Bob Meloche
Safety Manager
Eisenhower Army Medical Center

The Georgia Distracted Driving Bill goes into effect July 1, requiring drivers to use hands-free technology when using cell phones and other electronic devices while driving. Georgia's new bill closely mimics federal regulations regarding the use of hand-held electronic devices on federal facilities such as military bases. The following details what is prohibited, and what is allowed.

• Holding or supporting, with any part of the body, a wireless telecommunications device or stand-alone electronic device (for example, a mobile phone or iPod type device).

• Watching a video or movie other than watching data related to the navigation of your vehicle (i.e., your mapping app or GPS screen)

• Recording a video

• Writing, sending or reading any text-based communication, including a text message, instant message, e-mail or internet data while holding your device

• Using a GPS system or mapping app

• Speaking or texting while using hands-free technology

• Using an earpiece to talk on the phone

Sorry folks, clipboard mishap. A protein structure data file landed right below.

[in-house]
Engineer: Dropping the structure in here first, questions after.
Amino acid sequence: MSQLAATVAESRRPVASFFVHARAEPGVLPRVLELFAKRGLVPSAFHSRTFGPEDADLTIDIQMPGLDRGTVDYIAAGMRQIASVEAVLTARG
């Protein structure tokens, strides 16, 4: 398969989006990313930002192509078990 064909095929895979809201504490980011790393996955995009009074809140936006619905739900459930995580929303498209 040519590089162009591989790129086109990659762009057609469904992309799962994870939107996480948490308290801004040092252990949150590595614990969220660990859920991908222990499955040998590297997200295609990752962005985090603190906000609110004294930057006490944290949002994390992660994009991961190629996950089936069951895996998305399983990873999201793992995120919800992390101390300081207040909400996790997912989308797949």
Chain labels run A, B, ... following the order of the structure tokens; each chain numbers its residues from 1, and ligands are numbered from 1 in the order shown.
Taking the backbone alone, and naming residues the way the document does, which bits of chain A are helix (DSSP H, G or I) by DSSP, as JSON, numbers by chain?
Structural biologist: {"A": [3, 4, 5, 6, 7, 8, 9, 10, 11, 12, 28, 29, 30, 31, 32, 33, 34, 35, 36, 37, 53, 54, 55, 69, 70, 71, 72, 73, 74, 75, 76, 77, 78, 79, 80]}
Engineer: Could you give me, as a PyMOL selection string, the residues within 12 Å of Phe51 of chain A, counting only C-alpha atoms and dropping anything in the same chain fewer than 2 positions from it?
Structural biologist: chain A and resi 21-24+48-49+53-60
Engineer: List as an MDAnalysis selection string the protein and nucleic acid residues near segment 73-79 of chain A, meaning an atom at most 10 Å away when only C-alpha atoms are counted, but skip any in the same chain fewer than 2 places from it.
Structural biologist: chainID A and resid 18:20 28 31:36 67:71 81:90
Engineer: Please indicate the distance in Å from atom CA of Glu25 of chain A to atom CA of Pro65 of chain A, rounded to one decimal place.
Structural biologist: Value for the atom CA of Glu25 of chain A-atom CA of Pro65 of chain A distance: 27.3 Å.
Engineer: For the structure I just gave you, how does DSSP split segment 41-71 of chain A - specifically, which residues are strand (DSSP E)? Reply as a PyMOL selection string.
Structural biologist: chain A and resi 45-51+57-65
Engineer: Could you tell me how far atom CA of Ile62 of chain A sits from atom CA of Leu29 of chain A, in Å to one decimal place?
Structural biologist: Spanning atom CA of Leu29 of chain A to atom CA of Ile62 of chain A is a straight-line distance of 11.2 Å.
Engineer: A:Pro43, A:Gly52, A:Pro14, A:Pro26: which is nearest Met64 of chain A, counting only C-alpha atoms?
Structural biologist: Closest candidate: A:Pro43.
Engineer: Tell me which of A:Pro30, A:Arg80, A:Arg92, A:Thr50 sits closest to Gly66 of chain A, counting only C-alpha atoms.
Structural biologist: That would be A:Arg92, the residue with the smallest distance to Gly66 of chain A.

• Wearing and using a smart watch

• Using radios, CB radios, CB radio hybrids, commercial two-way radios, subscription-based emergency communication devices, prescribed medical devices, amateur or ham radios and "in-vehicle security, navigation or remote diagnostics" systems

Drivers may handle an electronic device while driving, if they are: reporting a traffic accident, medical emergency, fire, a crime or delinquent act or a hazardous road condition. Drivers may also use their hands if lawfully parked. ("Lawfully" means off or beside the road in an area open to parking, not at a stop light/stop sign.)

Police, firefighters, emergency medical personnel, ambulance drivers, other first responders, and utility employees or contractors responding to a utility emergency are exempt from the hands-free requirement if they're performing official duties.